Secondly, the US has not declared China as a currency manipulator of its Renminbi too. By not targeting Renminbi, the US is essentially admitting that Chinese economy has become extremely sophisticated; compliant with the requirements of a future apps driven economy. If the rest of the world uses Huawei or ZTE or Tencent or JD.com or Ali Baba, then the world has truly become Sinocentric. The US and the West cannot allow that; even though for the first time in 400 years, the total size of the Asian Gross Domestic Product is now larger than the US and the West, especially the European Union.

As things are, the US cannot just accuse China of fiddling with its currency or its convertibility but the extent to which China has enjoyed a trade surplus of close to one third of a trillion USD too, all in China’s favour.

In comparison, at the height of US Japan trade war, Japan’s trade surplus was merely US$50 billion. China now enjoys a trade surplus versus the United States that is 60 times more than Japan. The US knows China has become a major exporting juggernaut; displacing even other Asian countries’ exports to the US.

If anything, this trade war shows that the US will not continue to absorb foreign exports, unless products Made in US are allowed to go global too; as it does when the US switches to Amazon.com, Netflix, Facebook, Google Plus, iPhones and the like, all of which take the world as their global markets.

Thirdly, this is a trade war not between the ego of President Donald Trump and President Xi alone. This is the ego of two countries on display.

After more than 40 years of economic opening since 1976, China knows itself, as well as the market of the world; literally like the back of its palm.

Be it Africa or Latin America, Chinese businessmen and women have seen it all. In contrast, while the US military presence has set foot in many continents of the world, the US does not have the road map akin to an ambitious Belt and Road Initiative (BRI), which traverses through 64 countries.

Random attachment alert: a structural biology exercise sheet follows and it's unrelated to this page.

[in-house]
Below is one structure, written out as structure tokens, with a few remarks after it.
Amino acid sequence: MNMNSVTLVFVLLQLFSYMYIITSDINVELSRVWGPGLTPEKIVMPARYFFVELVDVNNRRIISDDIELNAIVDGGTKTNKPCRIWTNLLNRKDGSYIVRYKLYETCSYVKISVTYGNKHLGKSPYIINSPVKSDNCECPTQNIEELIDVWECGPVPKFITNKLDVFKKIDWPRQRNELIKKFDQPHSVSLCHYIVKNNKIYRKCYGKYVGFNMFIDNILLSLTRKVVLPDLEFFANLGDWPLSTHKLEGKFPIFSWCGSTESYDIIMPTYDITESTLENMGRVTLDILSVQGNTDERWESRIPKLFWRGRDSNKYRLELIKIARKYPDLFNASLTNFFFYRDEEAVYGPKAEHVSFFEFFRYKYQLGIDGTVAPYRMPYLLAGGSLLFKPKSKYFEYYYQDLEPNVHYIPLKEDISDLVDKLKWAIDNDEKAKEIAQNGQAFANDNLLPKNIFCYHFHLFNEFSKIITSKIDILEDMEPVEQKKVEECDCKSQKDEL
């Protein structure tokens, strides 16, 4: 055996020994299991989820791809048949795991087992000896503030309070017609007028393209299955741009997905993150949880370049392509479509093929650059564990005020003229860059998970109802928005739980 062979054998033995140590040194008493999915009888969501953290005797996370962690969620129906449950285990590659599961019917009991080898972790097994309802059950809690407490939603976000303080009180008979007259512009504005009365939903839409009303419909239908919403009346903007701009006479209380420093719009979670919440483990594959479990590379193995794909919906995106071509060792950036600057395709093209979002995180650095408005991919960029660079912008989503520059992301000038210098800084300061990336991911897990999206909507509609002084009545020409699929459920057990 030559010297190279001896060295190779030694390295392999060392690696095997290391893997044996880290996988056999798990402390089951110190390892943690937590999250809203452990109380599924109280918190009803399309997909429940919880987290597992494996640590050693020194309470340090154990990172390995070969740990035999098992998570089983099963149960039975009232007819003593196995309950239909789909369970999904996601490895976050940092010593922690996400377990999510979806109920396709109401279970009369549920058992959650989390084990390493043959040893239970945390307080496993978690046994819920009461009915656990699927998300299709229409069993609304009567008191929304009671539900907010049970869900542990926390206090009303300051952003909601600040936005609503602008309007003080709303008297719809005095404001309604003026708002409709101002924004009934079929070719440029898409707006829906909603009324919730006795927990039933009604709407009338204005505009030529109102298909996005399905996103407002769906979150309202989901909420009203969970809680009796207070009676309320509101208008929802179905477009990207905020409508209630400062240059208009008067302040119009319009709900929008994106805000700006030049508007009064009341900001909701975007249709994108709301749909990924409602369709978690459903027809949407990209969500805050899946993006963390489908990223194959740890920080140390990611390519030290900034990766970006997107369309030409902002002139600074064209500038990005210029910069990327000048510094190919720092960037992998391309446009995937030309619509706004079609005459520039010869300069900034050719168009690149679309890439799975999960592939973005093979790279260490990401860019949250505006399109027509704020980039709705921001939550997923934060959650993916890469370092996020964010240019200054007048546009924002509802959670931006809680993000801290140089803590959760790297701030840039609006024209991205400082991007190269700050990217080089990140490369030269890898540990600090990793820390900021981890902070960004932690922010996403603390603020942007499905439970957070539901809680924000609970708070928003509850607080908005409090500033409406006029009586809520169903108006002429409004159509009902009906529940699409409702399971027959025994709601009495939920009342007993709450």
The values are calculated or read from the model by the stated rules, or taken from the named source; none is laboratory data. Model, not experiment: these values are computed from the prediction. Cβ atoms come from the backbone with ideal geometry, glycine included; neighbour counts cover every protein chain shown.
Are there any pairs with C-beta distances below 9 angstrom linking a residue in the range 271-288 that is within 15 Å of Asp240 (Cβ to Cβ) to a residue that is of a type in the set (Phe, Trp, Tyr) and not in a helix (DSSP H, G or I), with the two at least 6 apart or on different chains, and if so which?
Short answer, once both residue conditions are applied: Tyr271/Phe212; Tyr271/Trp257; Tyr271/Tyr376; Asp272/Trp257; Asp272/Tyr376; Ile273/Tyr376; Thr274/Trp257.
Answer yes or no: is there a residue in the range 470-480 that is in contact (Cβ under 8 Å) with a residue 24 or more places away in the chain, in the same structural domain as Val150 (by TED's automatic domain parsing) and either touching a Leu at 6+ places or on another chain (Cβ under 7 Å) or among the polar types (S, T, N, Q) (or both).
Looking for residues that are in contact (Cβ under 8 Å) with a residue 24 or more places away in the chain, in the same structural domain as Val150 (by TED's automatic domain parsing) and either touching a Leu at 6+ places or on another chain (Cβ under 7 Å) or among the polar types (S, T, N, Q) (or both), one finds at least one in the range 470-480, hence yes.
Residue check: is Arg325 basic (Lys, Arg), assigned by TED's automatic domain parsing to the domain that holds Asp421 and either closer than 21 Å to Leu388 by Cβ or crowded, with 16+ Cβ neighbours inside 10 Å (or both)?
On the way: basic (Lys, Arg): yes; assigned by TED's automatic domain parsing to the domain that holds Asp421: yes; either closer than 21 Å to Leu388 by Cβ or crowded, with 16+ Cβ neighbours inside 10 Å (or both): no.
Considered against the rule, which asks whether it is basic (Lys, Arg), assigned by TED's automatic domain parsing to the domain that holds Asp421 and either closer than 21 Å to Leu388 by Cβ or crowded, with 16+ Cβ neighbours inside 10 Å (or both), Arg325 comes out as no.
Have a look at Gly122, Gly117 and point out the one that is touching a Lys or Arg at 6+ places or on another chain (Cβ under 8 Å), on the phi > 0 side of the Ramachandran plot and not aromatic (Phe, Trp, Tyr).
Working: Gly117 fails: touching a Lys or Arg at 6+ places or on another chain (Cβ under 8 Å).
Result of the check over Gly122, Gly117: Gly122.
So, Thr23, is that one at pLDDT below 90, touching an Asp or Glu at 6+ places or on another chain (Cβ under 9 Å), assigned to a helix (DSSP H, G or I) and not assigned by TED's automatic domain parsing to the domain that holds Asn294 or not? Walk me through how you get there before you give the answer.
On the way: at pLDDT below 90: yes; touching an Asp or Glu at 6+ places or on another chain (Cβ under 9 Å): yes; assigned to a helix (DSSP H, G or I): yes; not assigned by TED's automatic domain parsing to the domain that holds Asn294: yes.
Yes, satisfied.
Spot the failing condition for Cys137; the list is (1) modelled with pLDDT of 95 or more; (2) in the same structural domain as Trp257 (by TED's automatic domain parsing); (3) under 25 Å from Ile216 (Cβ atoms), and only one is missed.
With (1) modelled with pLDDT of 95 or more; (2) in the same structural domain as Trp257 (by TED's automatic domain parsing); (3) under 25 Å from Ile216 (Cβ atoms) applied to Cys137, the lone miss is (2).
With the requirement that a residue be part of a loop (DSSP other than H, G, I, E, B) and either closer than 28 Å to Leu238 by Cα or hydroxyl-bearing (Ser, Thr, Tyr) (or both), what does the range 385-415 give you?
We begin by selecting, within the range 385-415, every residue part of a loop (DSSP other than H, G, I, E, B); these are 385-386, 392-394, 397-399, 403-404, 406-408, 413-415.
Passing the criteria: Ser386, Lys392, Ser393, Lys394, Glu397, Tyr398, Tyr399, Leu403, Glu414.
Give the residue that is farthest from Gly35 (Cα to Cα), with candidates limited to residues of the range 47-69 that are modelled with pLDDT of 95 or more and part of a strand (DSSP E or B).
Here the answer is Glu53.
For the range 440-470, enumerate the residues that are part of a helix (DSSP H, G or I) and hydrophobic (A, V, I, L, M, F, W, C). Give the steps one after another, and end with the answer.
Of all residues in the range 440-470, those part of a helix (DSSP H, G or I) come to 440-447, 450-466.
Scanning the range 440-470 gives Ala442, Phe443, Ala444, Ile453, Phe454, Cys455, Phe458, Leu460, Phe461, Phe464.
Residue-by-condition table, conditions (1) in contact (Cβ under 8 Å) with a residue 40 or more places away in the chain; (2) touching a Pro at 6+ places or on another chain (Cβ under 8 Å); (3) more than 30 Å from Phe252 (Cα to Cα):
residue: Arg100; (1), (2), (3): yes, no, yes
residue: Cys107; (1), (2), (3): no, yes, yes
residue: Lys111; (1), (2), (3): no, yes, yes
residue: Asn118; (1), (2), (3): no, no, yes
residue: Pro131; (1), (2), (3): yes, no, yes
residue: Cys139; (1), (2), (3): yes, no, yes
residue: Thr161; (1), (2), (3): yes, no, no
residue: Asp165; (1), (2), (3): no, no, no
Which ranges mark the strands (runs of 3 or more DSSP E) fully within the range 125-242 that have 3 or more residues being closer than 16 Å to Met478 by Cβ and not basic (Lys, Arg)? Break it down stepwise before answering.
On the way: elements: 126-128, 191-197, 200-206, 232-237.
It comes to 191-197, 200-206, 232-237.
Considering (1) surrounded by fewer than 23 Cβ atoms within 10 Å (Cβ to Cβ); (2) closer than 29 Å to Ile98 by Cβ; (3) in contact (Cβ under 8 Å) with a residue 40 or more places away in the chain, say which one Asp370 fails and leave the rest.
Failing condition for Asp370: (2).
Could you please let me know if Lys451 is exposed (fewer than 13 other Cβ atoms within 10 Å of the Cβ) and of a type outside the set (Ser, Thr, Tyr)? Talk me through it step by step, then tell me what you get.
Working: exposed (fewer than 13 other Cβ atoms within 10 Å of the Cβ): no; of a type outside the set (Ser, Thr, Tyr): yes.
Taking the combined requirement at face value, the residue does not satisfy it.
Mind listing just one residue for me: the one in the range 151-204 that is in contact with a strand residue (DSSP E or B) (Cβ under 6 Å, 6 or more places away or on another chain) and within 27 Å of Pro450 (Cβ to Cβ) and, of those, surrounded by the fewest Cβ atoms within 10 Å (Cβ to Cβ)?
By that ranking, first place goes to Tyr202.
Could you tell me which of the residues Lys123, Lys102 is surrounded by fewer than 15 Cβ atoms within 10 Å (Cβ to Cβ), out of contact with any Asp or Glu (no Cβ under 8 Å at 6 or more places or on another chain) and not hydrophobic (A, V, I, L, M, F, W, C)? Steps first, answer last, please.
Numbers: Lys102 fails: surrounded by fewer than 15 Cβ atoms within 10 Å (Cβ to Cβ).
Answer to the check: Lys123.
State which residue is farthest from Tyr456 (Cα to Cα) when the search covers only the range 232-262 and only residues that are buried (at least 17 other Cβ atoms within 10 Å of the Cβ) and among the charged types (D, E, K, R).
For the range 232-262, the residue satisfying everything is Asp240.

Chinese public and private sector have spent close to US$1 trillion between 2013-2019 alone, why should China back down at all? In contrast, the US has also built up the multilateral global trading system since 1945, to the degree of serving as the advocate of China to be a member of the World Trade Organisation in 2002.  If the US feels, it has been undone by the system with which it creates, why too should it back down?

The above are three, among other reasons, why “the winter is coming” when two major trading powers resort to crowback diplomacy. Other countries cannot avoid the negative implications of the trade wars.  The two juggernauts sit bestride the top of the food chain.

If they want to tax each other in a war of a thousand cuts, bleeding their economies to death, the rest of the world can only shake its head in disbelief.

Beyond conceding the futility of the situation, the key is to transform the national economy into one where more and more people can gain from the global digital transformation.

* Rais Hussin is Parti Pribumi Bersatu Malaysia’s supreme council member and strategist.

** This is the personal opinion of the writer and does not necessarily represent the views of Malay Mail.